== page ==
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EXPLORING. CORAL REEFS. by:. Phoebe Marie “Maripi” R. Reyes. Have you seen a coral reef?. It looks like a garden under the sea. . It lies some distance from the seashore just beneath the water. If you know how to swim, you can take a closer look using goggles.

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EXPLORING

CORAL REEFS

by:

Phoebe Marie “Maripi” R. Reyes


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Have you seen a coral reef?

It looks like a garden under the sea.

It lies some distance from the seashore just beneath the water.

If you know how to swim, you can take a closer look using goggles.


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…different kinds of colorful fishes

…invertebrates such as shrimps, starfish, sponges, shells

What can you see in a coral reef?

… and of course,CORALS!


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What are corals?

They are organisms with parts that look like flowers of different colors.

http://gutsytuason.net/gallery.html

http://www.reefbase.org/DataPhotos/dat_photos_view.asp?PicID=1270

Are they plants?


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mouth

body wall

connects the polyp to another polyp

CORAL POLYP

They feed on zooplankton (tiny drifting animals), small fishes, and fine organic debris.1

coiled venom-filled thread with a minute barb at its tip

bulbous double-walled microscopic stinging capsules

barb

tentacles

Sensor

The polyp uses its stinging tentacles to paralyze and feed on zooplankton and small fishes.2

Are they animals?

Sources:

1Sea World (1996). Diet and eating habits: Corals and coral reefs.

2Viles and Spencer in Russell, K. (2002). Human impacts on coral reefs.


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Corals are animals which harbor photosynthetic algae. They grow only in the shallow, warm waters of the tropics where sunlight and a warm temperature are available.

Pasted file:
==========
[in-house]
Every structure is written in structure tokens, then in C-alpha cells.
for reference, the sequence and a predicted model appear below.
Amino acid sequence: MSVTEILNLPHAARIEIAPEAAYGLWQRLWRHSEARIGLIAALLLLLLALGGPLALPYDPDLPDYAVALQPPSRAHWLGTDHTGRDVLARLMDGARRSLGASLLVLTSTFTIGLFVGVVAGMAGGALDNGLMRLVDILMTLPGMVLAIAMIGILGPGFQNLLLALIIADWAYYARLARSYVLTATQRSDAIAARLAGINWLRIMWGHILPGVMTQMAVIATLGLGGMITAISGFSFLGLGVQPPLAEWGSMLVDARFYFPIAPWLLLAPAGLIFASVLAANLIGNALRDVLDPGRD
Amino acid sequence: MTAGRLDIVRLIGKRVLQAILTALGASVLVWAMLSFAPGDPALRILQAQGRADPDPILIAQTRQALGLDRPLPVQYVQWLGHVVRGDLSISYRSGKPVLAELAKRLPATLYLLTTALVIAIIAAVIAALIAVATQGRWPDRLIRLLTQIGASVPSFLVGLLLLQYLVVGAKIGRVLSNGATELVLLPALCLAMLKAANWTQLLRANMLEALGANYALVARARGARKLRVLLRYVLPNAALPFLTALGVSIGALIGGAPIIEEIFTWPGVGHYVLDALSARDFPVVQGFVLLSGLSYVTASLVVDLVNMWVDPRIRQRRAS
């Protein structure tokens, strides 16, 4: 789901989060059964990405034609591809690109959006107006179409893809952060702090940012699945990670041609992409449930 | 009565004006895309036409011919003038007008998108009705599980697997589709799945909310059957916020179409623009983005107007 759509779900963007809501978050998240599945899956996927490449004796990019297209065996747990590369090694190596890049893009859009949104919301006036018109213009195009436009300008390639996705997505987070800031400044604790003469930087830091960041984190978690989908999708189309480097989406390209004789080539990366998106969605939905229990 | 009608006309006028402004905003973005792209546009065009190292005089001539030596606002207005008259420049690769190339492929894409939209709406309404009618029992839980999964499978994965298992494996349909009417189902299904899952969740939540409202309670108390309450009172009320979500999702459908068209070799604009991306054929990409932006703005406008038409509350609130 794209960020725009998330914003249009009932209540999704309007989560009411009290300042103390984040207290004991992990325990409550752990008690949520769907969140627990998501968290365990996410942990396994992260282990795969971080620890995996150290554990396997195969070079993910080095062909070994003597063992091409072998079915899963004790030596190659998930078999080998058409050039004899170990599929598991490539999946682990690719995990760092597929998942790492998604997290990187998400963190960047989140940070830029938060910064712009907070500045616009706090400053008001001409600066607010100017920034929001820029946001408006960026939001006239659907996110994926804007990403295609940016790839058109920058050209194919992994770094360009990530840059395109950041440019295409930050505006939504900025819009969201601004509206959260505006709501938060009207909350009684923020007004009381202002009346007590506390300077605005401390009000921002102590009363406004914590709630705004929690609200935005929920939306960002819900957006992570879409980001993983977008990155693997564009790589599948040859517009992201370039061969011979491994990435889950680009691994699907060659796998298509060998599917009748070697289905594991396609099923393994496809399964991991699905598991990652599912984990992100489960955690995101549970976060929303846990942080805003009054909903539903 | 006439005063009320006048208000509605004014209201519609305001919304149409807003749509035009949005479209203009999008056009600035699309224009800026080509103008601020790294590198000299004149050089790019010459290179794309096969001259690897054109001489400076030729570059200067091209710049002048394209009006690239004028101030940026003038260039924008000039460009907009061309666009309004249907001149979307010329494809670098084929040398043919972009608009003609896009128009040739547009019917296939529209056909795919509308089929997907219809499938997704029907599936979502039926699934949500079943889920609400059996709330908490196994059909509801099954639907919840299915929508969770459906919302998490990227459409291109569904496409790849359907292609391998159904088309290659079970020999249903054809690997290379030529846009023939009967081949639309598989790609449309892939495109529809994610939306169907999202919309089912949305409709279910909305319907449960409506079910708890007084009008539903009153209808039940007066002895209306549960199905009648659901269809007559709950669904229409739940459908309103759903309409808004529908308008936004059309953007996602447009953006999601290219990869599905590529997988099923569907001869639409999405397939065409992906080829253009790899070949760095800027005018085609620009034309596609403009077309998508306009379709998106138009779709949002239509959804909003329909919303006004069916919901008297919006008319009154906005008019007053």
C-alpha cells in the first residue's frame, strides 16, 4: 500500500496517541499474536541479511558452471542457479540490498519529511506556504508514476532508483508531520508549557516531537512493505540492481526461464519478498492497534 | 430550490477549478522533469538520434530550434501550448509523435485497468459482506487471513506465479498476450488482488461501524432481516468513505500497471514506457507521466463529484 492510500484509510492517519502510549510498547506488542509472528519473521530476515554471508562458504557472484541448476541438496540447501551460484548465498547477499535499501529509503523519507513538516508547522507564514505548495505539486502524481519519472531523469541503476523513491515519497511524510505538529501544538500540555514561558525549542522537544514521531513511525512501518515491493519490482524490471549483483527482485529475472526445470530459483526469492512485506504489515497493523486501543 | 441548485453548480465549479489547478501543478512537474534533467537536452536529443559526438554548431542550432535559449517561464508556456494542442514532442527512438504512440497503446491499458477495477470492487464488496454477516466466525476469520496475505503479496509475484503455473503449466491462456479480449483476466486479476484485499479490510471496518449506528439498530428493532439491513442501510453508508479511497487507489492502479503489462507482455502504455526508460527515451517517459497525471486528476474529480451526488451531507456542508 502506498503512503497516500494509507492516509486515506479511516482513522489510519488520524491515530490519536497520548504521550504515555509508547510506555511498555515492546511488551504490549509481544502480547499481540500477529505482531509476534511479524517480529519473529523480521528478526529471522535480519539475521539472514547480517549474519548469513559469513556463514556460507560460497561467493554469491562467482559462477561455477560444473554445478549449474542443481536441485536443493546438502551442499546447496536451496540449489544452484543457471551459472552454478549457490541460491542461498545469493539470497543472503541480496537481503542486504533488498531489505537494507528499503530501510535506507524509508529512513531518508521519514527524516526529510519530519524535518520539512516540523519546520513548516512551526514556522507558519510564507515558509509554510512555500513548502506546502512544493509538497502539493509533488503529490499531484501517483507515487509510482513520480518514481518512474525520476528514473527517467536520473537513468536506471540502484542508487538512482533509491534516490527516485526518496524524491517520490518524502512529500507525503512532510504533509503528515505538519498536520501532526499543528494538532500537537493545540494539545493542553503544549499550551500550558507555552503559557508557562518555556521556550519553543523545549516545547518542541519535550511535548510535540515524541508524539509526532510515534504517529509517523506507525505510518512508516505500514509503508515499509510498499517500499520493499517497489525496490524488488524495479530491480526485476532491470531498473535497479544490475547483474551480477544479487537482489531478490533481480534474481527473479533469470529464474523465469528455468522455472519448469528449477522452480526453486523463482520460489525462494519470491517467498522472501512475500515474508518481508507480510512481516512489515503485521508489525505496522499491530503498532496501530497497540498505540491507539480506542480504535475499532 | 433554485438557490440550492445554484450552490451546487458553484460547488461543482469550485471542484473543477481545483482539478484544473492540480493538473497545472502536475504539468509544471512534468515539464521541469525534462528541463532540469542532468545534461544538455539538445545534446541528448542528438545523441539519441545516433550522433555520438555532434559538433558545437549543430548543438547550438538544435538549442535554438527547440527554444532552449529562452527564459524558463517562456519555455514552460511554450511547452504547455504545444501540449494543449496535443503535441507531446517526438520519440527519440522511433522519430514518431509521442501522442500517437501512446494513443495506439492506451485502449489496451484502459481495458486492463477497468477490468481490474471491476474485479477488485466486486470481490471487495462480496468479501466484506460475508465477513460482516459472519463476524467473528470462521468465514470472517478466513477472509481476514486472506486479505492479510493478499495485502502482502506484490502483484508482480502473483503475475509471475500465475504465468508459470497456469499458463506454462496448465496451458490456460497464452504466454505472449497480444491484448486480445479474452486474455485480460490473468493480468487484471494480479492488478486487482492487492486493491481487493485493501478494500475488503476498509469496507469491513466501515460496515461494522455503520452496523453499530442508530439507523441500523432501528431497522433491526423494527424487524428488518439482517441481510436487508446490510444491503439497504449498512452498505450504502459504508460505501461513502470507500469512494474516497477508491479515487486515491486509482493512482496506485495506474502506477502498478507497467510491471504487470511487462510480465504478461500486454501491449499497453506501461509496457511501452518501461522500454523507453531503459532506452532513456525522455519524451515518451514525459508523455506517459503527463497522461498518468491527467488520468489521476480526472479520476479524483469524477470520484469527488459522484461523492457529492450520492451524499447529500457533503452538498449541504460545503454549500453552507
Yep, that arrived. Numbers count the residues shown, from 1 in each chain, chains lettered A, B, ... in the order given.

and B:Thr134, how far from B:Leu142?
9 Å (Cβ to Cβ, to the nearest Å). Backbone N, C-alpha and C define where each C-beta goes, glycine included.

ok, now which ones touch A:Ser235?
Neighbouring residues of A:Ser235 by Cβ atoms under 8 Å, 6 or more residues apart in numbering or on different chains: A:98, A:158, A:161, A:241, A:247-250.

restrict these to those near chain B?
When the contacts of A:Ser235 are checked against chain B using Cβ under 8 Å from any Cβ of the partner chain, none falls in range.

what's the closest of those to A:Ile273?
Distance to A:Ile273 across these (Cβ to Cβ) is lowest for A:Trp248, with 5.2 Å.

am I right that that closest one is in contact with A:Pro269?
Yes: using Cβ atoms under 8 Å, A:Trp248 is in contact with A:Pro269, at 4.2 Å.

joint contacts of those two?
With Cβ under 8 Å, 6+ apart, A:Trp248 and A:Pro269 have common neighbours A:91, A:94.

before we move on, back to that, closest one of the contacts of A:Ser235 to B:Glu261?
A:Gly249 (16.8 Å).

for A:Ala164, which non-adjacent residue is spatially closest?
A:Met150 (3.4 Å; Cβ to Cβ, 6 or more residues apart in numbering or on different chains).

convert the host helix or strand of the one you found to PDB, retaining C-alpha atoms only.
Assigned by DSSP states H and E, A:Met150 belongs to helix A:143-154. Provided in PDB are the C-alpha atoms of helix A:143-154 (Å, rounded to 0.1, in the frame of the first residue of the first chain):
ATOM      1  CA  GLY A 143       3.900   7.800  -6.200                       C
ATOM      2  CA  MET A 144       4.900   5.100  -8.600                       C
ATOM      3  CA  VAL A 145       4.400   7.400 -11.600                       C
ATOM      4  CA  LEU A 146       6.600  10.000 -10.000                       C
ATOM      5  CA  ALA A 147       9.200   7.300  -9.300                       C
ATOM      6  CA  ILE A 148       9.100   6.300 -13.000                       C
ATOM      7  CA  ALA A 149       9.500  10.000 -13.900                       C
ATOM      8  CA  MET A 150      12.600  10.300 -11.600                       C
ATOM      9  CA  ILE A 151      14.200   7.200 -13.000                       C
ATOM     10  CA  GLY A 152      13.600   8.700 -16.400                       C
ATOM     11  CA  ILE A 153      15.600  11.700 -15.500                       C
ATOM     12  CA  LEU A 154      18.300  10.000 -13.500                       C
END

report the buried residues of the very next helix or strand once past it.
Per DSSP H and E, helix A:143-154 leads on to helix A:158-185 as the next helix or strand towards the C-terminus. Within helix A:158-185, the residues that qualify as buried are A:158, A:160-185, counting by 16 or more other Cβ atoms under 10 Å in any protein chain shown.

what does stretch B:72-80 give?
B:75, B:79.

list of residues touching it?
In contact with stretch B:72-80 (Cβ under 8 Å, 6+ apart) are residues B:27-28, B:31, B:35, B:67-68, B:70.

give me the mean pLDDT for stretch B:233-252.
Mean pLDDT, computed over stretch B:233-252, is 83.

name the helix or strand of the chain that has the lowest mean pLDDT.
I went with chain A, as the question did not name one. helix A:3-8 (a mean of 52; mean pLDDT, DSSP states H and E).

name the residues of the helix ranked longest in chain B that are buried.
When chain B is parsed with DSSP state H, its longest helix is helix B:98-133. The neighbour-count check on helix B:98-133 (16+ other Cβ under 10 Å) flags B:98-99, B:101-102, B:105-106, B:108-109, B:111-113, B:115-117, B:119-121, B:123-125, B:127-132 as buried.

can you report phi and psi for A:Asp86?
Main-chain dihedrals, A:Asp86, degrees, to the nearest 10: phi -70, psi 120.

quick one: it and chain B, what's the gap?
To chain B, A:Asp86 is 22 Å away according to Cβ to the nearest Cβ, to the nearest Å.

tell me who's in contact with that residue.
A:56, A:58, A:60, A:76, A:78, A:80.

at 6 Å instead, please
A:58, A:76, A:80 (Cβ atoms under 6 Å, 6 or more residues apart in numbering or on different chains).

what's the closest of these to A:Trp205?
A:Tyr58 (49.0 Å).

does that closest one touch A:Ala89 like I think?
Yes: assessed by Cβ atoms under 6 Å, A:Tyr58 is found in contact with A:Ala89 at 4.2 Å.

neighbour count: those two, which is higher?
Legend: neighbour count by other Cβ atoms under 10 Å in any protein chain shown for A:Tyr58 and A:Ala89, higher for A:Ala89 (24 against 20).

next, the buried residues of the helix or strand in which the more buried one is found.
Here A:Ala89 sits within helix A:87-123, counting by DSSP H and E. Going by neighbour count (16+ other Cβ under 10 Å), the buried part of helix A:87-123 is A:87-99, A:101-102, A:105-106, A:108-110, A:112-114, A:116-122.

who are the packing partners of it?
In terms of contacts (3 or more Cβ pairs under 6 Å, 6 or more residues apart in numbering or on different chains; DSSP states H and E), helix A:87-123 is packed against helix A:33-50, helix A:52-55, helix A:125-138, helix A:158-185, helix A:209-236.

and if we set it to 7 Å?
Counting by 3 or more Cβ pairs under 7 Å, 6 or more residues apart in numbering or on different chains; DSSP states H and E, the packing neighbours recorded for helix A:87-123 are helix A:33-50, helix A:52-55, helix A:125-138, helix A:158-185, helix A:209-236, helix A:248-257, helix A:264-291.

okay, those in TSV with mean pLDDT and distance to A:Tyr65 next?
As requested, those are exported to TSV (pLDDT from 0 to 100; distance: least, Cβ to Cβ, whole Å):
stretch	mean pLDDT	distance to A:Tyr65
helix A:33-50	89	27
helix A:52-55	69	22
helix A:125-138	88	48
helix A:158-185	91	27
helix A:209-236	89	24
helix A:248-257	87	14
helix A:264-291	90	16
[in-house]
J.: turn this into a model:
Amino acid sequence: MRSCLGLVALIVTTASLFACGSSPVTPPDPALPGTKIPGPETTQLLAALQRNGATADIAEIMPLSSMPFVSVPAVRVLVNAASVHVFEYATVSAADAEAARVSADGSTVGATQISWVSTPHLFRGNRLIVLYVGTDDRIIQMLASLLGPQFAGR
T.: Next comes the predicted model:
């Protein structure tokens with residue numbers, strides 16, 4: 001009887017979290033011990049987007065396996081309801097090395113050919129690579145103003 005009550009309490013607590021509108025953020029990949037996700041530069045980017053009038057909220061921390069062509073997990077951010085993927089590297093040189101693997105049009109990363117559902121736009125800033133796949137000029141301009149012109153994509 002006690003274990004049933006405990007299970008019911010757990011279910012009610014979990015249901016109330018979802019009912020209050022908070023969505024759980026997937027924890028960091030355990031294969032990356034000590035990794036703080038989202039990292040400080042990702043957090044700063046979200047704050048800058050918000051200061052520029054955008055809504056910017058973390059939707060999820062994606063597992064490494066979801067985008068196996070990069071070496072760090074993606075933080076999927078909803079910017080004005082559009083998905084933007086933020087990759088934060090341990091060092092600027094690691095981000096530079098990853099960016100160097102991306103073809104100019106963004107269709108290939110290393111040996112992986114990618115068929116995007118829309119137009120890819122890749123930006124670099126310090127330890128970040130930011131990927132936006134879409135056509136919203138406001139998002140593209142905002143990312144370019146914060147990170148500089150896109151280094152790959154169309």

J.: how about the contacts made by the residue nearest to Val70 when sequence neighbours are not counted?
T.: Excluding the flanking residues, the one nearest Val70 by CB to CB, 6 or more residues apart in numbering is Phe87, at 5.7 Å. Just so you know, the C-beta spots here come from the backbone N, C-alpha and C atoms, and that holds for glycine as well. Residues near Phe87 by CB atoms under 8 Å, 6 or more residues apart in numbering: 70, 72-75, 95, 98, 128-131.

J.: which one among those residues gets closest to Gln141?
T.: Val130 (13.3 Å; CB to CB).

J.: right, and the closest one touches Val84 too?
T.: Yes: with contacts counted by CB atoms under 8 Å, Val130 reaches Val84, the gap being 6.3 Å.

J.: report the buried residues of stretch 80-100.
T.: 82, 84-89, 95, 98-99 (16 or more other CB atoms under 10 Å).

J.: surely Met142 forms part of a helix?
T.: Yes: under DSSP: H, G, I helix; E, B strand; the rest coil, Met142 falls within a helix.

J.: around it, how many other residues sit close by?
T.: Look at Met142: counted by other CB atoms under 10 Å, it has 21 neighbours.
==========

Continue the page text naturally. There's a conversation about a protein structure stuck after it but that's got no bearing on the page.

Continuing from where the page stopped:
They build skeletons of calcium carbonate at the rate of 1-10 cm a year. The skeletons are the nonliving part of the corals.


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tentacles grow only in the shallow, warm waters of the tropics where sunlight and a warm temperature are available.

mouth

body wall

CORAL POLYP

connects the polyp to another polyp

The living part is made up of the tiny coral polyps. They sit on cups at the surface of the reef or skeletons of calcium carbonate. The cups form a pattern that tells us the name of the coral.

A coral polyp begins its life as a tiny larva (as small as the size of the head of a pin!).

The flower-like parts that we see are tentacles.

A coral reproduces by budding (identical polyps sprout out of the polyp’s side)…

One it settles on a hard support, it will not move again.

… and by sexual reproduction (polyps release eggs and sperm, which unite in the water).

The soft body ranges from 1-3mm in diameter.

Source: EnchantedLearning.Com. (2004). Coral.


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The nonliving skeleton is the habitat of a diversity of living organisms. The coral reef provides a home for many sea organisms such as:

mollusks

shrimps

fishes

crabs

starfishes


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Filipinos eat close to 1 million metric tons per year of fish and other seafoods.

One square kilometerof healthy coral reefs can produce15-30 metric tonsof fish every year. At the current state of our reefs, we produce barely5 to 7 metric tons per square kilometer every year.

Source: Tan, J.M.L. (2001). Food for thought. Sunday Inquirer Magazine. Manila: Philippine Daily Inquirer.

How come we are producing less than expected?


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Our reefs are being destroyed by human activities such as: fish and other seafoods.

… dangerous fishing practices

Dynamite fishing

Cyanide poisoning

Muro-ami


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… deforestation fish and other seafoods.

of upland forests

of mangrove areas

… heavy fertilizer use

What will happen if these activities continue?


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What can we do to help save our coral reefs? fish and other seafoods.

Let us make a website!

Print stickers and donate proceeds to NGOs that help save coral reefs.

How about a newsletter?


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